J.R. Mooney Galleries of Fine Art:
Art Tips, Reviews, Fine Art, and Custom Framing News
Tuesday, September 6, 2016
The Explore Magazine and other treats
We would like to thank the Explore Magazine and SMV Publishing for the wonderful article on Jay Hester in the current edition of September 2016 Explore Magazine.
Please take a moment to read the great two page spread written by
Gallery Director, Gabriel Delgado. The insightful curatorial essay helps
bring an insider perspective to Jay Hester's upcoming solo exhibition,
which opens October 8, 2016.
***(As published in the Sept. 2016 edition of The Explore Magazine)***
History Told Through the Artistic Lens
An essay exploring the curatorial theme and historical aspects of Jay Hester: “TEXAS – Stories of the Land”
-Gabriel Diego Delgado
is history that is based on hard, documented fact; history that is
colored with rumor, speculation, or falsehood; and history that exists
in what might be termed the hinterlands of the imagination.” - S.C. Gwynne
In S.C. Gwynne’s Empire of the Summer Moon, a book on the rise
and fall of the Comanche tribe, the nonfiction writer pens a simplistic
sentence that encapsulates a complementing narrative to the preceding
introduction of the upcoming solo exhibition by Boerne artist, Jay
Hester, at J.R. Mooney Galleries. The statement addresses the
chronological irregularities of scholarly history in which we draw
historical conclusions based on writers, historians, and deemed
academics’ biased or unbiased judgement of events that shaped these
In Jay Hester: “TEXAS – Stories of the Land,” a solo art exhibition at
the J.R. Mooney Galleries of Fine Art in Boerne, opening October 8,
2016, the artist visually pieces together a multitude of historic
‘stories’: encounters between the Texas Rangers and the Comanche and
Apache tribes; raids and battles in Linnville and Plum Creek, Texas;
stoic pioneering personas; and monumental peace treaty signings.
Historians have spent years, decades and centuries putting together
accounts of famous and not so famous encounters, battles, raids, and
ambushes of the Native American tribes on western migratory settlers and
European immigrants as they built homesteads, colonies and compounds to
fulfill their need for a place to call home. As an artist, Jay Hester
deeply commits himself to preserving the historical value of these
narratives of heartache and triumph. In the new artworks, Hester is
influenced by the early era of Texas independence, its seceding
mentalities, the Texas Rangers, Native American tribes, cultural
skirmishes, pioneering visions, religious and political freedoms, harsh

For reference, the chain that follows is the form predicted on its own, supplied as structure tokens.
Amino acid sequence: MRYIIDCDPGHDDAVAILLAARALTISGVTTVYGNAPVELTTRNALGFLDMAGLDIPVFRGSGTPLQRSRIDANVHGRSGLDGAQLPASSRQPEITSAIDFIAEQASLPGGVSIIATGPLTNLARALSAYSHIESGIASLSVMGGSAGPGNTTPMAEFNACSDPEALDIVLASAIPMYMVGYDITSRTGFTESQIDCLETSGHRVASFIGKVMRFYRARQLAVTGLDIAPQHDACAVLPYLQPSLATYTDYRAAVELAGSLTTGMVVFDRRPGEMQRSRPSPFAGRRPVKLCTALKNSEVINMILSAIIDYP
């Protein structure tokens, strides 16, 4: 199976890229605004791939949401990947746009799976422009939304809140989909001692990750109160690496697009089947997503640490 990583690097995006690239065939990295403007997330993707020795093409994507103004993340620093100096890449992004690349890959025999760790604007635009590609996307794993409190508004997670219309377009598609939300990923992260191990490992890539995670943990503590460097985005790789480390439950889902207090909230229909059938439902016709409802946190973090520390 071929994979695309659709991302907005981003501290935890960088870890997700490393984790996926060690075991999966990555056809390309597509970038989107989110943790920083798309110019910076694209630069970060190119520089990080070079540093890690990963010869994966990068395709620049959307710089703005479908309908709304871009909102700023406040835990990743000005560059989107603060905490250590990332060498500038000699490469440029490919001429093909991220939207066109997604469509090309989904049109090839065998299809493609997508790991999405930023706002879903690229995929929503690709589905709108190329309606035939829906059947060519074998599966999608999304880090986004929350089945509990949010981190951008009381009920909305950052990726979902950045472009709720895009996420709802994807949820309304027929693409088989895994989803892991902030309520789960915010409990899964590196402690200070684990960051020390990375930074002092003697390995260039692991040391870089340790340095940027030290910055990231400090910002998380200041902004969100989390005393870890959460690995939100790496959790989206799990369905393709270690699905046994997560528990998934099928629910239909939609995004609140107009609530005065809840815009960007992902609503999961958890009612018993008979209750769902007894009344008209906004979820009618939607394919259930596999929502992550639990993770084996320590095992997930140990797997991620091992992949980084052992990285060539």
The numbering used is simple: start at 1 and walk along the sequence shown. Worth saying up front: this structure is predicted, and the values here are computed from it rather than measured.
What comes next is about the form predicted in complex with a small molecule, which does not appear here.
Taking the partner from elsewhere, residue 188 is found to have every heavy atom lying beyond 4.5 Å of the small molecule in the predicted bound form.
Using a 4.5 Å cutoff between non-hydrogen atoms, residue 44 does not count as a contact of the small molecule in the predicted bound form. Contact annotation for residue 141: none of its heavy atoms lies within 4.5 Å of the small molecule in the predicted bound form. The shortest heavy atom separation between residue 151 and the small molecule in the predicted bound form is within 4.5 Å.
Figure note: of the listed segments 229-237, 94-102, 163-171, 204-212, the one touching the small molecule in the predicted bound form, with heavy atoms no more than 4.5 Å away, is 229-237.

realities and the people that lived and died in the frontier lines of
Comancheria. “This show gives me a perfect opportunity to
retell these stories and other historical events in the only way I
know...through my art,” he says.
By sharing their ‘stories’ through his artistic talent and signature
western genre of painting, Hester strives to be true to the city he
calls home, the families he respects, and the heroes and antiheroes he
holds in high esteem. In an article in the September/October, 2016
edition of Cowboys & Indians Magazine, writer Dana Joseph
quotes Hester as stating, “I developed Texas stories through the
colorful characters of the times.” This is an accurate description of
his newest visual selections that give remembrance, credence, and
reverence to an era wrought with swift justice, vigilante mobs, vast
armies and the unforgiving principles of manifest destiny. Not always
culturally sensitive, empathy driven or politically correct, these
‘stories’ are, however, important to remember and Hester dives deep to
accomplish summarized compositional renditions for the gallery.
The largest artwork in the exhibition is a masterful piece titled The Healer.
This 48” x 60” oil on canvas painting has Hester elegantly leading the
audience through Dr. Herff’s pioneering cataract surgery in the 1800’s
that saved a Comanche Chief’s eyesight. Derived from online research,
published accounts, passages from Early Texas Physicians, 1830-1915: Innovative, Intrepid, Independent
by the Texas Surgical Society, as well as a rewarding conversation with
Juanita Herff Chipman, a direct descendant of Dr. Herff, Hester was
able to piece together a panoramic view of how the surgery actually
occurred. He alludes to the fact that the surgery laid the groundwork
for a mutual understanding between some of the Native Americans and the
early settlers of Boerne. "Dr. Herff became a larger than life figure
in our area with all he accomplished as a young doctor in this uncertain
country. His fair treatment of all people gained him respect by many
tribes of Indians, as well as the rugged settlers of this part of
Texas,” says Hester.
also references this medical driven truce in other paintings in the
“Stories of the Land” exhibition, as he walks through the days, months,
and years that followed that memorable operation. We learn of the